The Baltic Revolt

A chilling photograph in the morning papers of January 14 showed a group of Lithuanians pushing against a Soviet tank in a desperate effort to stop its advance; under the tank one could see the limp legs of a woman wearing black leather boots. This photograph, which stayed in my mind during a recent visit to the Soviet Union’s Baltic republics, quickly faded from world attention after war broke out in the Middle East. Yet the two events—the Soviet crackdown in Lithuania and the conflict in the Persian Gulf—are not unrelated: there is good reason to believe that Mikhail Gorbachev chose to move against the independence movement of Lithuania at a time when most people would be distracted by events in the Middle East and when the US government, eager for Soviet support against Iraq, would mute its criticism of Soviet repression.

If these were Gorbachev’s calculations, they were wrong. Many people in the Soviet Union and in other countries around the world were angered by the Soviet army’s attack on government buildings in the Lithuanian capital, which culminated in the storming of the television tower in Vilnius on January 13, leaving fourteen people dead and more than six hundred wounded. Mr. Gorbachev’s claims that he did not authorize the attack—a response he has made in similar circumstances before—further undermined his credibility.

Hundreds of thousands of people took to the streets in Moscow and other republic capitals. The crowds, the largest to take part in a public protest since Gorbachev came to power, demonstrated against the violence in Lithuania and against communism, and for their independence from central authority. In the West there were demands to end economic aid to the Soviet Union and to cancel the Moscow summit meeting of Bush and Gorbachev. Medical supplies were sent directly to Vilnius from Western Europe to help treat the wounded. The Bush administration, at first reluctant to speak out against the massacre, responded to congressional and popular pressure by issuing several strong statements. Its decision to postpone the summit meeting, although not officially linked with events in the Baltic states, was nevertheless greeted there as a welcome gesture of support.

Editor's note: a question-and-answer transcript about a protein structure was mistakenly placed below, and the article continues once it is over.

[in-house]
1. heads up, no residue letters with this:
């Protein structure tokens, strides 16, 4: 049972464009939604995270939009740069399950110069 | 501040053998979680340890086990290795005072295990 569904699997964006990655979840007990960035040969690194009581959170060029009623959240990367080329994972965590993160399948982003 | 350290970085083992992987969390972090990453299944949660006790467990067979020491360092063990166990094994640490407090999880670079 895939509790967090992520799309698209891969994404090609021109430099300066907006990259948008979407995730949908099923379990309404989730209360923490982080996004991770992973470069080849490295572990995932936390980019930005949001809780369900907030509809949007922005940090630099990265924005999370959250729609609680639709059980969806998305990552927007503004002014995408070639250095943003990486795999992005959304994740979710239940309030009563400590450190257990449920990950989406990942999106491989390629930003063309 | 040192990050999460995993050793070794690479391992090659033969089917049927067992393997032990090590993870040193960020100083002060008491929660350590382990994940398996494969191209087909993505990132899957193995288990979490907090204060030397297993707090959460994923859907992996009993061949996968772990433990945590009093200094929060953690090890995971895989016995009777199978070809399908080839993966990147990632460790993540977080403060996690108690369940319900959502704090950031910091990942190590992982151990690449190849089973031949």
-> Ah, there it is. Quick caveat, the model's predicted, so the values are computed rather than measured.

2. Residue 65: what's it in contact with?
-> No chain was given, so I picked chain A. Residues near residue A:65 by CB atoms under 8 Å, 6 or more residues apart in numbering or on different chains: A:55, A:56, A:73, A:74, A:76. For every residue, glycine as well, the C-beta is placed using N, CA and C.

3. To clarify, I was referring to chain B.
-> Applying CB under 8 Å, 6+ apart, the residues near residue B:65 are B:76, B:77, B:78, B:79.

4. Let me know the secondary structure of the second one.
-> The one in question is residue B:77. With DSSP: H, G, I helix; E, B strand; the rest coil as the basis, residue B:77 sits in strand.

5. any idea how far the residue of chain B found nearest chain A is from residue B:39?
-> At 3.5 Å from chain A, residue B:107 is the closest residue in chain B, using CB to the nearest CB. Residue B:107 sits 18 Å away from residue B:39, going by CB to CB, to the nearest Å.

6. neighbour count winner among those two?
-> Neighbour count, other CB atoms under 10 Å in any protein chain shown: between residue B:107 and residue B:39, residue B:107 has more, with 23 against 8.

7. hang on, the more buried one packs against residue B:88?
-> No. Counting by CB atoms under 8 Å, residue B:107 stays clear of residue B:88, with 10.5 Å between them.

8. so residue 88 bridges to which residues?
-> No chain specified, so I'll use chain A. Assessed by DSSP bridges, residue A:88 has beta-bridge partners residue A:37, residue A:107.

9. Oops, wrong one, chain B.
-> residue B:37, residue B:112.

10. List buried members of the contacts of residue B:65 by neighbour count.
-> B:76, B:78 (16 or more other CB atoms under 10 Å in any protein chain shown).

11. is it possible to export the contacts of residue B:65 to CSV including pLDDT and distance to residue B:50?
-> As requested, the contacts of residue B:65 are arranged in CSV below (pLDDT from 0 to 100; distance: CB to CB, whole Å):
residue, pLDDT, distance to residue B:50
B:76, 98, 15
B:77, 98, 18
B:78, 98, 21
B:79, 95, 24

Only in the West have we heard people question Mr. Gorbachev’s responsibility for the violence in Vilnius (“Did he know about it in advance?” “Did he authorize it?”). When a colleague and I went to Lithuania, Latvia, and Estonia on behalf of Helsinski Watch during the last week of January,1 we found literally unanimous agreement among the many people we talked to that Gorbachev was their enemy. What, they asked, would he do next?

Admiring Gorbachev and his reforms, many in the West have glossed over the pattern of violence that has punctuated his rule. Gorbachev has not hesitated to use military force to suppress dissent in situations where Communist party dominance seemed threatened. On at least five occasions before the recent Baltic violence, beginning in December 1986, the Soviet army used tanks and lethal force against civilians, resulting in…

This article is available to online subscribers only.
Please choose from one of the options below to access this article:

Print Premium Subscription — $99.95

Purchase a print premium subscription (20 issues per year) and also receive online access to all content on

Online Subscription — $69.00

Purchase an Online Edition subscription and receive full access to all articles published by the Review since 1963.

One-Week Access — $4.99

Purchase a trial Online Edition subscription and receive unlimited access for one week to all the content on

If you already have one of these subscriptions, please be sure you are logged in to your account. If you subscribe to the print edition, you may also need to link your web site account to your print subscription. Click here to link your account services.